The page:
This month, the frilly fashion conceived by Everyman Theatre costume designer David Burdick will make its stage debut in Intimate Apparel, one of four plays at the theater to feature his work this season. Burdick, a seven-year company member, began researching, designing and fabric-shopping back in July. Here, he shares some of the process with STYLE.
Tell us about the projects you’ve been working on. Intimate Apparel is the story of Esther, a young black woman at the turn of the 20th century who moved to New York City and started a business, and her talent is making beautiful lingerie for high-society Fifth Avenue women. She also has a friend who is a prostitute and she makes clothes for her, too. This play is a designer’s dream: Esther has three looks, for example—there are probably 14 looks for the play—but each look has different pieces, like a corset, a camisole and a dressing gown. As many as five designers can be making costumes. It’s a lot of costumes. That’s one of the fun things about this play. The second project is Revolutionists, a historical play about four women from the 18th century who would never be in a room together, but the playwright invented this scenario. So we use some period stuff with high fashion. It’s more of a mixture, so there’s a bit more fantasy to it.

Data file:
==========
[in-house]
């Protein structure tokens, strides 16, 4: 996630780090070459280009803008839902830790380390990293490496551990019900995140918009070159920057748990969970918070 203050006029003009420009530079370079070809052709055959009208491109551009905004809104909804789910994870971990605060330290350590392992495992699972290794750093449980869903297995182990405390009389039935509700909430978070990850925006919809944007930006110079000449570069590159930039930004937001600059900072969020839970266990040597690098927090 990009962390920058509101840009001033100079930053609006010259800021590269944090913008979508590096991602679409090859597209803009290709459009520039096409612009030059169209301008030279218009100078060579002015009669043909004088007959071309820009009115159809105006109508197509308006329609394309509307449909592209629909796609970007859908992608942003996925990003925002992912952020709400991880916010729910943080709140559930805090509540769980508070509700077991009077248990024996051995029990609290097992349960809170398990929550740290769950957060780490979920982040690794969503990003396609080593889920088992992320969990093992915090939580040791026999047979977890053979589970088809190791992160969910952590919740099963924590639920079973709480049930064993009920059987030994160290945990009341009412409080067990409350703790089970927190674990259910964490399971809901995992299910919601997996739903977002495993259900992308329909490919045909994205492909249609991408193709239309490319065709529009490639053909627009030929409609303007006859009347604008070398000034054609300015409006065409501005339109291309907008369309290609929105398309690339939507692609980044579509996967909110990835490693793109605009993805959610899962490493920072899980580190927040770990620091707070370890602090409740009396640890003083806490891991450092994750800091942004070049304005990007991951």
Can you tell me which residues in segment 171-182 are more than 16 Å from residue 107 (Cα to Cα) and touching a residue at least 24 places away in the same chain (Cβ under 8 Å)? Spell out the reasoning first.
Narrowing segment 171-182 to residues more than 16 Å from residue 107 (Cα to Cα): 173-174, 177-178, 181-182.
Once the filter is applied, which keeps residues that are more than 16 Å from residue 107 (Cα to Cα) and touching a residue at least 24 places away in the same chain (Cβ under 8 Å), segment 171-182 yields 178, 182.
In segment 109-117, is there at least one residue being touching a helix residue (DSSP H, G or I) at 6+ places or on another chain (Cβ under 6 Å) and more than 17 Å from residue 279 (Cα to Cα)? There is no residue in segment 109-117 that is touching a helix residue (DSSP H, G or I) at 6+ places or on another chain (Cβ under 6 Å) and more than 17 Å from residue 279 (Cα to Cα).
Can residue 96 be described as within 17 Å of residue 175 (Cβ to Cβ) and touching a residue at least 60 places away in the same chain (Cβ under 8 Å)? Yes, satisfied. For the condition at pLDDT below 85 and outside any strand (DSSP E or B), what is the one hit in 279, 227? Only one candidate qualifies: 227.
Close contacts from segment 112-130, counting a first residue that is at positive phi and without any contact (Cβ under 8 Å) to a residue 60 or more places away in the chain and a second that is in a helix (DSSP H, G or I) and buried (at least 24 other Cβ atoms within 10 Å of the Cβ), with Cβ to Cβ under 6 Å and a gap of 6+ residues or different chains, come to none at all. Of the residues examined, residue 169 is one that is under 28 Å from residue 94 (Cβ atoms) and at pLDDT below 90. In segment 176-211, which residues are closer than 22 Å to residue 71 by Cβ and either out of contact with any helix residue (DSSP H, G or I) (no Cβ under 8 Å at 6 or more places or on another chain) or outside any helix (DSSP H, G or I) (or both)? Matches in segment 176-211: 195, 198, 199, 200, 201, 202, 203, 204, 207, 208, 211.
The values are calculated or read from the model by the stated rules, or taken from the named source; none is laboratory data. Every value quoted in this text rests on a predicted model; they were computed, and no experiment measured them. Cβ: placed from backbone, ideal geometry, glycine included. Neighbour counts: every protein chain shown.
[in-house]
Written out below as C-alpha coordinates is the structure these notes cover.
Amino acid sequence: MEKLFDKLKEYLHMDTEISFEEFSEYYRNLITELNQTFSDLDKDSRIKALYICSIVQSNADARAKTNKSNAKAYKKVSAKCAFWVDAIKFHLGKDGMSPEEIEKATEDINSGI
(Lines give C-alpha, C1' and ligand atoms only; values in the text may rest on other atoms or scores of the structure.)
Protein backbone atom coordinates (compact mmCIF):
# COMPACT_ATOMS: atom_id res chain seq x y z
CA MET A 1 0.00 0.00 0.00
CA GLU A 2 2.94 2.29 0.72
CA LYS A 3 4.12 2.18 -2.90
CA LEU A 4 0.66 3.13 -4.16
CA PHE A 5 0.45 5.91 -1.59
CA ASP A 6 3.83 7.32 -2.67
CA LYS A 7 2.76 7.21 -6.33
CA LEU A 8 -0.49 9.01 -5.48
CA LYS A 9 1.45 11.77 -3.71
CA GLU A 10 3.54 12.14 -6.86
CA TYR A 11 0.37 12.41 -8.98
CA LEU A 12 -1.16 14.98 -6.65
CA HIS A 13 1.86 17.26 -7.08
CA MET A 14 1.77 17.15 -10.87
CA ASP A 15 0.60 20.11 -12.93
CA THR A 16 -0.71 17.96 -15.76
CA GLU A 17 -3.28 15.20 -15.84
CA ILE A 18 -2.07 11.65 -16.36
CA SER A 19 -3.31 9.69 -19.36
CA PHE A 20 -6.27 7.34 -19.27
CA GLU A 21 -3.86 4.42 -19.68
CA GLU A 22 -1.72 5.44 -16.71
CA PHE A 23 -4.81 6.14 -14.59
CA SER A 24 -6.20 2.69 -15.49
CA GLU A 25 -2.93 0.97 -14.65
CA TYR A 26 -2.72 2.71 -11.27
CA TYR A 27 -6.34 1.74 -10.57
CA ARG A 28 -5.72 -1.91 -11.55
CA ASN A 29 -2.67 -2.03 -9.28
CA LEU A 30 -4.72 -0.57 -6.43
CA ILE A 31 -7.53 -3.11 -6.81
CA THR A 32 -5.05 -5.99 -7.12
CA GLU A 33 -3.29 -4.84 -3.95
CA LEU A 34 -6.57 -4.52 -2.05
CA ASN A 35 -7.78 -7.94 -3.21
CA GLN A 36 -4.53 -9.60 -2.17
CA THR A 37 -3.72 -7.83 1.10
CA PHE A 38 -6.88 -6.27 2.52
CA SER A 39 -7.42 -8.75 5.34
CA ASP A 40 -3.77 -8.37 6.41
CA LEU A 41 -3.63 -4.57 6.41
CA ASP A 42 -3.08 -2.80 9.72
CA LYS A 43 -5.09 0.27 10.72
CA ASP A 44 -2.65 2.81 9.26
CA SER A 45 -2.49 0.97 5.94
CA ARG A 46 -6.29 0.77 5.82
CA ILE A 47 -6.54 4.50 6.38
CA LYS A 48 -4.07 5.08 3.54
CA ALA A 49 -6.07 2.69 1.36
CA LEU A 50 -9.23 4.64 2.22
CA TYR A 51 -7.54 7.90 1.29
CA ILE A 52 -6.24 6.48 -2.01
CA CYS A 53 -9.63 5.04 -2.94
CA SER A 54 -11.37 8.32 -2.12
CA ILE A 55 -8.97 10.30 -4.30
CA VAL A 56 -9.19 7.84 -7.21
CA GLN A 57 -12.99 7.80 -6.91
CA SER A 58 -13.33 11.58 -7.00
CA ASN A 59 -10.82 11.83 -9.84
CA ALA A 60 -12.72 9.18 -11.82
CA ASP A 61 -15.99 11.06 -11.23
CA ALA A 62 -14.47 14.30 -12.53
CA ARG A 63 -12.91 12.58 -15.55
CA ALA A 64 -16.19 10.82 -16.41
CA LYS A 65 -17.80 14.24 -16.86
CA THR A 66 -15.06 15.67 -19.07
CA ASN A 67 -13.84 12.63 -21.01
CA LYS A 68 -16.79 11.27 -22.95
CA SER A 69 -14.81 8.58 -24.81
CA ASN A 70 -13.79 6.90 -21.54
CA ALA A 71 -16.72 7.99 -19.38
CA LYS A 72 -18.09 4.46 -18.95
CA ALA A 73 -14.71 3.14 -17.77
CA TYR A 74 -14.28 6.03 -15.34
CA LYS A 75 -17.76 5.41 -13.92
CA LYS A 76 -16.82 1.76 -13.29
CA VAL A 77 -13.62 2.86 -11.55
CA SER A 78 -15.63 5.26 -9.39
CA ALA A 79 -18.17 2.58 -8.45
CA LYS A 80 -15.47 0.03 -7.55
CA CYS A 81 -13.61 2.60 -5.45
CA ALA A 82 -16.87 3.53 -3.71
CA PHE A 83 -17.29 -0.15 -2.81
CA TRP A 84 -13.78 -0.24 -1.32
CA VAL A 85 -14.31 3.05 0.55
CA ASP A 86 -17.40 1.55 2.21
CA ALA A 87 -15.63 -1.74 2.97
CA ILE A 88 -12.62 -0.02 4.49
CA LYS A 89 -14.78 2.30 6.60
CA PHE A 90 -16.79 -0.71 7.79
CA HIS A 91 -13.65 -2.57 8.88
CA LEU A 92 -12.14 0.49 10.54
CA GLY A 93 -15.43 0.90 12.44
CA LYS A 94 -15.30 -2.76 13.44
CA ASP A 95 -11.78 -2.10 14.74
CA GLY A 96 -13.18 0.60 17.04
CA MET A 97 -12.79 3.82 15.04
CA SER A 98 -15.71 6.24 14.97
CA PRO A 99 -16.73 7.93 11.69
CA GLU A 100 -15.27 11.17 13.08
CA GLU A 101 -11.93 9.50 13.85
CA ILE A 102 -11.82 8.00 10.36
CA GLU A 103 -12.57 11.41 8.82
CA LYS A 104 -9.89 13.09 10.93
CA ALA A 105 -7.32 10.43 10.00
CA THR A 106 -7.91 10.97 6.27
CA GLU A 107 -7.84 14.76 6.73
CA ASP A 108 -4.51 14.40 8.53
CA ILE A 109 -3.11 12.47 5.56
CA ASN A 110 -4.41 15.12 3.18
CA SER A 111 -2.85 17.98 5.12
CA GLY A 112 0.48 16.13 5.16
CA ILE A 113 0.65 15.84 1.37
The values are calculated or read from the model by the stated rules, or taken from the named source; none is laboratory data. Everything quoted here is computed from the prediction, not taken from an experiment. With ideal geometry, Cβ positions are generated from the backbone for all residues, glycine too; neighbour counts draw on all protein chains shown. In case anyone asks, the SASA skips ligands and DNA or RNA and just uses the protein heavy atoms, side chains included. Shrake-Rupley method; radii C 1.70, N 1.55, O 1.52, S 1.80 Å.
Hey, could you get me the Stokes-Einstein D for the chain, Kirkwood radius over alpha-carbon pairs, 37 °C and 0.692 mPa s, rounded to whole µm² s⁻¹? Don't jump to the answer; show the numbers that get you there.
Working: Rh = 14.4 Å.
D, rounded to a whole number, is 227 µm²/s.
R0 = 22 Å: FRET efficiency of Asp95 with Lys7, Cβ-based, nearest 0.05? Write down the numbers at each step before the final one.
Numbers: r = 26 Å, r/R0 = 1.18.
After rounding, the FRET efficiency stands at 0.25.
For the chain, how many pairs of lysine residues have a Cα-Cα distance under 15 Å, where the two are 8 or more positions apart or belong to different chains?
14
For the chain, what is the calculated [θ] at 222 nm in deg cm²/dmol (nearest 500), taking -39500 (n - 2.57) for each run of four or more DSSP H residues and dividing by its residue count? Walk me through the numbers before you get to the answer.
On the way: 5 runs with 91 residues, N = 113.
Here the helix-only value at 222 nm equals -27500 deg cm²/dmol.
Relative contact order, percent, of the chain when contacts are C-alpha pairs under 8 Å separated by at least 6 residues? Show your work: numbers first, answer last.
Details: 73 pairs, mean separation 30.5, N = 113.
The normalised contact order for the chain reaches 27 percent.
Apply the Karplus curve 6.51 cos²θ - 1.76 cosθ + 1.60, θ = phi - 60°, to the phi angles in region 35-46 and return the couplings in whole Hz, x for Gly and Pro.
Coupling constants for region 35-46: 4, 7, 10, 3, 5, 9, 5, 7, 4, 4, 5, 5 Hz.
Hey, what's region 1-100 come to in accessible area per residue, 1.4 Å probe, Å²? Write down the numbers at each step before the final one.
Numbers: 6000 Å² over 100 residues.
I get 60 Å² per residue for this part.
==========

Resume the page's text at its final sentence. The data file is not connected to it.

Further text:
You mentioned that you’ve been a fan of Intimate Apparel for a while. Esther is a great character. She perseveres and is so inspiring. She is a woman of color in 1906, making it on her own and starting her own business. Lynn Nottage is the playwright and I’ve done several of her plays. I like her work a lot.
Why costumes? I love the theater and grew up in a school system in suburban Philadelphia that had a pretty strong theater program. I love clothes and fashion as well, but the interesting thing about costumes is that I’m helping to tell the story by creating a look for a character. I love working with actors, and the greatest compliment I can get in a fitting is when an actor says, “I didn’t really know my character until I put these clothes on.” My job is really to make them more comfortable. I love the fabrics and get inspired by them, too. I also get to shop with other people’s money.
Are there certain plays you’ve dreamt of designing for? Intimate Apparel is definitely one. I love Noel Coward, too, because his work is often about really stylish people. They aren’t necessarily always very nice, but they are always well-dressed.
What does a costume designer wear to work? It depends on the person. I’ve sort of over the years adopted a uniform: a classic white shirt with jeans or khakis. On big fitting days, which is your super hardcore work time, I like to keep myself as neutral as possible so we can focus on the actor and the clothes. But I do have a scarf thing.